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Neighbourhoods matter too: the association between neighbourhood socioeconomic position, population density and breast, prostate and lung cancer incidence in Denmark between 2004 and 2008
  1. Mathias Meijer1,2,
  2. Kim Bloomfield1,3,4,
  3. Gerda Engholm2
  1. 1Unit for Health Promotion Research, Institute of Public Health, University of Southern Denmark, Denmark
  2. 2Department of Cancer Prevention and Documentation, Danish Cancer Society, Copenhagen, Denmark
  3. 3Center for Alcohol and Drug Research, Copenhagen Division, Aarhus University, Copenhagen, Denmark
  4. 4Institute for Biostatistics and Clinical Epidemiology, Charité—University Medicine Berlin, Germany
  1. Correspondence to Mathias Meijer, National Institute of Public Health, University of Southern Denmark, Øster Farimagsgade 5A, 1353 Copenhagen K, Denmark; matm{at}niph.dk

Abstract

Background Previous studies have shown that cancer incidence is related to a number of individual factors, including socioeconomic status. The aim of this study was to refine the current knowledge about indicators associated with cancer incidence by evaluating the influence of neighbourhood characteristics on breast, prostate and lung cancer incidence in Denmark.

Methods All women aged 30–83 years were followed for breast cancer between 2004 and 2008, men between 50 and 83 years were followed for prostate cancer and both sexes between ages 50 and 83 were followed for lung cancer. Registry data obtained from Statistics Denmark included age, sex, availability of breast cancer screening, marital status, education, disposable income and occupational socioeconomic status on the individual level and population density and neighbourhood socioeconomic status (the proportion of unemployed) on the parish level. Frailty modelling with individuals on the first level and parishes on the second level was conducted.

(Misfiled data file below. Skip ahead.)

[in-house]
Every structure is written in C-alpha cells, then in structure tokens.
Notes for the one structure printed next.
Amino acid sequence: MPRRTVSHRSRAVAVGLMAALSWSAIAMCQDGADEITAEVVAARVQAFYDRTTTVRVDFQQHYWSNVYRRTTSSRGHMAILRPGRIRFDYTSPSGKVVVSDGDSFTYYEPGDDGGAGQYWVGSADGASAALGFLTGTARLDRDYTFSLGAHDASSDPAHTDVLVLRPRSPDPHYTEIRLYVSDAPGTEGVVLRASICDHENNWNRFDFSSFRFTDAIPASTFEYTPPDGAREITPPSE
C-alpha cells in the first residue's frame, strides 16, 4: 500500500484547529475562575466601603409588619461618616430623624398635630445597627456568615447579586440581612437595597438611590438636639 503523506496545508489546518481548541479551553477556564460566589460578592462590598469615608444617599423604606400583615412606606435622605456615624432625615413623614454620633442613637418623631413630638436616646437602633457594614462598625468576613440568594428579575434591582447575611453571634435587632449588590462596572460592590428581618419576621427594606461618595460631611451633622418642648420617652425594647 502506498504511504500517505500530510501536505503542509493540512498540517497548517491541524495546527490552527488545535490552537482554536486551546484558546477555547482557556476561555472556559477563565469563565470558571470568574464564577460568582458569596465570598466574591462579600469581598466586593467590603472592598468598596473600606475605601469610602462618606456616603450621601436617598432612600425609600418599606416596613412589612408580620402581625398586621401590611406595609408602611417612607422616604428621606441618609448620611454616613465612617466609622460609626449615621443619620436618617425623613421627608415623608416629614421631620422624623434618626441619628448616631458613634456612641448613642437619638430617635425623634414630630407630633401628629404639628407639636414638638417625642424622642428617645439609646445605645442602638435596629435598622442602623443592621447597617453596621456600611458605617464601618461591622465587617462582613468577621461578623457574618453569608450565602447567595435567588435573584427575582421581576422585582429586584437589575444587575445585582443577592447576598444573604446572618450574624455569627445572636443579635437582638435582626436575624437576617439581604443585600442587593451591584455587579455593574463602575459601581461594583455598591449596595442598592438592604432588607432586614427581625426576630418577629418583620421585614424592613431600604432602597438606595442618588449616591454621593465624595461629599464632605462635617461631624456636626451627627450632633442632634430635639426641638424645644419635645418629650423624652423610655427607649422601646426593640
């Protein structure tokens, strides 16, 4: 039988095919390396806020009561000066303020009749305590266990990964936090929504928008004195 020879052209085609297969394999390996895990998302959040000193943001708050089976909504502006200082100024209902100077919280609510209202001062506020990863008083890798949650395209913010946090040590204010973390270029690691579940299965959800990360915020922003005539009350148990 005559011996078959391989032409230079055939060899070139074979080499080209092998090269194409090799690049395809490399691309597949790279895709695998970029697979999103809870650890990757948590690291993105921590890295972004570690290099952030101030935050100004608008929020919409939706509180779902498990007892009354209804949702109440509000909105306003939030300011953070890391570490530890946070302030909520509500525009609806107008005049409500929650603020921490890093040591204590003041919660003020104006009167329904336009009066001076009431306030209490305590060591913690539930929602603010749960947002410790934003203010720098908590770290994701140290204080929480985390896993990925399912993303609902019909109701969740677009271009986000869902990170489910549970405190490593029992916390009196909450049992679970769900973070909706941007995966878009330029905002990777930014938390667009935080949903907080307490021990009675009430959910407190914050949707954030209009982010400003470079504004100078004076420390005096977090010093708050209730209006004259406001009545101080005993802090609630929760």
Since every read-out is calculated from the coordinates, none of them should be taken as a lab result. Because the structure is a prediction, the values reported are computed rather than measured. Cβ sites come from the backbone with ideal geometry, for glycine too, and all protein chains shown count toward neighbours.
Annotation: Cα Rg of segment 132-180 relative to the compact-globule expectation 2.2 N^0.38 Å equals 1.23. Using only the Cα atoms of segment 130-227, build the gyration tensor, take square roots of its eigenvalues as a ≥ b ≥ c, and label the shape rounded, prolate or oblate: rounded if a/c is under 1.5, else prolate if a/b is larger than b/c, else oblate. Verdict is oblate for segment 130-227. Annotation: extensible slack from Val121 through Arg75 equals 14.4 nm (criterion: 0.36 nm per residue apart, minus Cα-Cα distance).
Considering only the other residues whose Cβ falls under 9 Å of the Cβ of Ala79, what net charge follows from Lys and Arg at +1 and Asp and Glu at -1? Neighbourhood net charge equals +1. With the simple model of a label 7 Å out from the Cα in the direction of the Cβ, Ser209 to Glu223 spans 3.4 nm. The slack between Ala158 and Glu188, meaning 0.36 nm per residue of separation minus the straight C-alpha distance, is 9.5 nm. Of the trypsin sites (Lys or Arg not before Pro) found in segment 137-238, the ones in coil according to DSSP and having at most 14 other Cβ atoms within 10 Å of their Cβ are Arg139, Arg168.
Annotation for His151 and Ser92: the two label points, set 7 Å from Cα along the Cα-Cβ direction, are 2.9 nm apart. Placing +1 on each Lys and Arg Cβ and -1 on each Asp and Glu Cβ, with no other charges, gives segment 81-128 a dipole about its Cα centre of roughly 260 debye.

Results A significantly lower HR of breast cancer was found in areas with low population density (HR=0.93; CI 0.88 to 0.99), while neighbourhood unemployment had no effect. Inhabitants of lower unemployment areas had a higher risk of prostate cancer (HR=1.14; CI 1.08 to 1.21) compared with those in higher unemployment areas, whereas population density had no effect. Risk of lung cancer was lower in areas with lowest population density (HR=0.80; CI 0.74 to 0.85) and lowest in areas with lowest unemployment (HR=0.88; CI 0.84 to 0.92).

Conclusions In addition to individual-level factors, characteristics on the neighbourhood level also have an influence on breast, prostate and lung cancer incidence.

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Footnotes

  • Funding This work was supported by the Danish Council for Independent Research, Medical Sciences grant number 271-06-0549 and the Danish Health Insurance Foundation grant numbers 2007B048 and 2009B077.

  • Competing interests None declared.

  • Provenance and peer review Not commissioned; externally peer reviewed.

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